How I spent three months in Saddam Hussein’s Basra palace in Iraq
PUBLISHED: 08:37 08 May 2019 | UPDATED: 10:32 08 May 2019
The Afghanistan and Iraq wars impacted thousands of people in our region. In the third in our week-long series looking at their legacy, reporter Liz Coates talks to Phillip Gough about his time in Basra.
To many, Saddam's lavish palace complete with ornate ceilings, giant pillars and golden taps was a symbol of all that had gone wrong, an affront to Iraqi victims of appalling atrocities.
For Phillip Gough it was his place of work during the conflict.
For 24 hours at a time it was his unit's job to keep lookout from the heavily fortified turrets, in full battle dress, a fixed machine gun and bayonet at his disposal.
A chicane of sand-filled tanks protected the entrance where everyone who came in was patted down, their vehicle thoroughly checked over for anything that could kill, and barbed wire ringed the once scenic riverside.
In the weeks before the 29-year-old arrived, the palace - really a collection of buildings - had been mortared and was considered "a hot target."
They were tense times and the solider's rifle was always ready to be deployed.
Mr Gough was working as a housing officer looking at tenancy problems with Great Yarmouth Borough Council in 2003 when he was mobilised with the Territorial Army (now the Army Reserves) to work with the coalition forces following the outbreak of the second Gulf War in March of that year.
It meant leaving his wife and young children and looking down the barrel at the distinct possibility he might not come back to them.
His role was to patrol the local area "winning hearts and minds" and to protect Basra Palace which was being used as a base for coalition forces.
He was there when Saddam was captured, tracer rounds of bullets flashing across the sky as locals celebrated.
Inside the palace walls a whole community ticked along with shops, laundry and even a local tailor, but outside people lived in poverty rummaging through rubbish for food and things to sell.
He said: "I was working at the council when it all kicked off and rumours started going around about the TA being mobilised.
"I got my instructions and work had to release me.
"I was so excited. Most of us were more than keen to put our hands up.
"We were trained for it and there are not many opportunities, fortunately, to put it into practice.
"Pre-tour training took place in Lowestoft and Norwich, with two weeks in Grantham and more training in Germany in our desert kit in the snow.
"We arrived in Iraq in a 20-year-old Argentinian Boeing with bits of plastic falling off it and literally nose-dived into Basra to avoid the RPGs (rocket propelled grenades). It was midday and the hottest place on Earth. It was unbelievable.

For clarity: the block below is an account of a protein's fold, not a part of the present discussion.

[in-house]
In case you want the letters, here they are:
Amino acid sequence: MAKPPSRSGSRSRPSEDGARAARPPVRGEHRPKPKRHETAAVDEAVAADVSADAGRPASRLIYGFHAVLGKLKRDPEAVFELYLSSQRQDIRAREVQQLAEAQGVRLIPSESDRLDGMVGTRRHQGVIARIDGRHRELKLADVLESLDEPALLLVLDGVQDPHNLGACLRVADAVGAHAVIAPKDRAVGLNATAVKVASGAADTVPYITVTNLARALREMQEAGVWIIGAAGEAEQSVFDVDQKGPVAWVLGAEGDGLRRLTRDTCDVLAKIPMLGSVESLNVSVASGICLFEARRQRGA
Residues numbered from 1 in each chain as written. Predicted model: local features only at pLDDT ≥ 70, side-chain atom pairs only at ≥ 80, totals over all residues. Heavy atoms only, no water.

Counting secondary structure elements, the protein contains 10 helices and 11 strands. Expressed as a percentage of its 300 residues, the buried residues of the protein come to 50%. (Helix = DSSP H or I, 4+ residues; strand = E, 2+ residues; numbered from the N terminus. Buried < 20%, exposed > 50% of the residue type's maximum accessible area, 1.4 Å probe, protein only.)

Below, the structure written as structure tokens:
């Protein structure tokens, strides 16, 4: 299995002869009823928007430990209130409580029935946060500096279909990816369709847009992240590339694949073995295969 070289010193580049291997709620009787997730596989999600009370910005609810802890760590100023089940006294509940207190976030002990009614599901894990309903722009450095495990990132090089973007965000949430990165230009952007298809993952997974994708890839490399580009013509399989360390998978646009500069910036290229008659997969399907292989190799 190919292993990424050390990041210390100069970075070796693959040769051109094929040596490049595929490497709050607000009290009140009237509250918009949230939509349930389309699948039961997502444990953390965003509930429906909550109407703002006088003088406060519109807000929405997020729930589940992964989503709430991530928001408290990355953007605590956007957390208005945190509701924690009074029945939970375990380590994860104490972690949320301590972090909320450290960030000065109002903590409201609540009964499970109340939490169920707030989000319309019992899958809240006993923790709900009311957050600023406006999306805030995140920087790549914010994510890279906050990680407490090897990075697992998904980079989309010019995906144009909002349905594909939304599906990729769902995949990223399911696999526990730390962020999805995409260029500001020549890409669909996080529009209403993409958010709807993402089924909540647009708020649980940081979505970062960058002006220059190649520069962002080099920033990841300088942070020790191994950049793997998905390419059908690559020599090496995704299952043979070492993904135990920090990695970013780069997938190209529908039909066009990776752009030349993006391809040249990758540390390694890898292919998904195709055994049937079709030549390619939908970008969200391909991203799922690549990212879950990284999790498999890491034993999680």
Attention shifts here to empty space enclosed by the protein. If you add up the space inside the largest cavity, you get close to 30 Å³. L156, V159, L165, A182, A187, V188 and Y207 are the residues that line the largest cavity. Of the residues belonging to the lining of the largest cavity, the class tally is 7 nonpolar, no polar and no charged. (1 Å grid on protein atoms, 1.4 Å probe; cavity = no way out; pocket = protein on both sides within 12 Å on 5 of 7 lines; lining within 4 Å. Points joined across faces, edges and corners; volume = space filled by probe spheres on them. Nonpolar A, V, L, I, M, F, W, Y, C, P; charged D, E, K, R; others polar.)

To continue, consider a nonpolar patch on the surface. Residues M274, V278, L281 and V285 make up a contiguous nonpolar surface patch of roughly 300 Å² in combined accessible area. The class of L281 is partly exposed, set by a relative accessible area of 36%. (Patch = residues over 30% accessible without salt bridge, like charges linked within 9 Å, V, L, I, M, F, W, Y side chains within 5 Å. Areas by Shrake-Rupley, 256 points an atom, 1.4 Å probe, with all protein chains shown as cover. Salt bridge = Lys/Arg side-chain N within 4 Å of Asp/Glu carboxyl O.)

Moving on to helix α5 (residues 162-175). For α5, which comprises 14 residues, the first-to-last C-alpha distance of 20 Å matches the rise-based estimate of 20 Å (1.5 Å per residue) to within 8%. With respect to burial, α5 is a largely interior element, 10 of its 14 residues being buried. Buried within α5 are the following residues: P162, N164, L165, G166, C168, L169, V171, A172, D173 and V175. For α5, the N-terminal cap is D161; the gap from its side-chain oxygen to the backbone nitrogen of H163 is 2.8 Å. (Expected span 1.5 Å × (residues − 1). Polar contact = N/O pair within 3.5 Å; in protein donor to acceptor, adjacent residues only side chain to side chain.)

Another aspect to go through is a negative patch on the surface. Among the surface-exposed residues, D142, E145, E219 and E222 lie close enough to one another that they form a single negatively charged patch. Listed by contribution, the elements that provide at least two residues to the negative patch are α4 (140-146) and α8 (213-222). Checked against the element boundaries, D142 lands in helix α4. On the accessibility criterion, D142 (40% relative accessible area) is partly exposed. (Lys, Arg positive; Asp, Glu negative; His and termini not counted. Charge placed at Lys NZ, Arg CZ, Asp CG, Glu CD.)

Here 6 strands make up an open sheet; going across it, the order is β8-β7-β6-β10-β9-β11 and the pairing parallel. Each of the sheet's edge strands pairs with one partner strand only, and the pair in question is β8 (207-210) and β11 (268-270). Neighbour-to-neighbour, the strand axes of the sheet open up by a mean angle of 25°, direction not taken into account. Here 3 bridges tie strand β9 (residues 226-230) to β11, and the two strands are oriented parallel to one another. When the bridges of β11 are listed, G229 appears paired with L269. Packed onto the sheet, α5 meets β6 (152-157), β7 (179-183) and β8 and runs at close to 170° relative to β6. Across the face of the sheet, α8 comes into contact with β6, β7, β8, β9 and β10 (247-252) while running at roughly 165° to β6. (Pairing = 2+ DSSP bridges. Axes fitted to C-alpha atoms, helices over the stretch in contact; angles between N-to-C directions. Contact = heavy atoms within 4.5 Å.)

"Part of my job was to unload the baggage and when we went to the airport it was surreal. There was a marble floor and baggage carousel, you could have been in Tenerife.
"When we collected our body armour and headed to Shaibah, a tent city, it stopped being a holiday. It wasn't the best, the flies were everywhere. You would eat with one hand and constantly bat them away with the other.
"A couple of us went down with D and V [diarrhoea and vomiting] and we held the dubious record of having the most people ill at the same time and they had to open another ward for us. It was three days of hell.
"When we got to Basra our home was the palace, one of Saddam Hussein's but now a coalition base.
"There were marble floors and ceilings and an Iraqi tailor who would make you a suit. It was surrounded by walls and we had to man the sentry towers."
As part of the Force Protection Company with the East of England Regiment (now part of 3 Royal Anglians) doing front gate searches and patrols he was also a media body guard, chaperoning Sky and BBC reporters, often perched on the back of a vehicle his weapon searching out potential attackers in the dust.
Mingling with the Iraqi people was one of the highlights Mr Gough, now an emergency medical technician with the ambulance service and retained firefighter in Martham, said, swapping packed lunches with crisps and chocolates with anything the children wanted to hand over.
He said there were a few "hairy moments", one man waving his gun in the air and shouting turned out to be in possession of a particularly fine looking cigarette lighter and was in fact hailing their presence and thanking his God. In the end, coming home was harder than going out there, he said. He was completely glued to the news and his job felt "mundane."
But overall it was a positive experience, full of adventure and new experiences that seemed to make a difference on the ground to the ordinary people who had lived under Saddam's regime.
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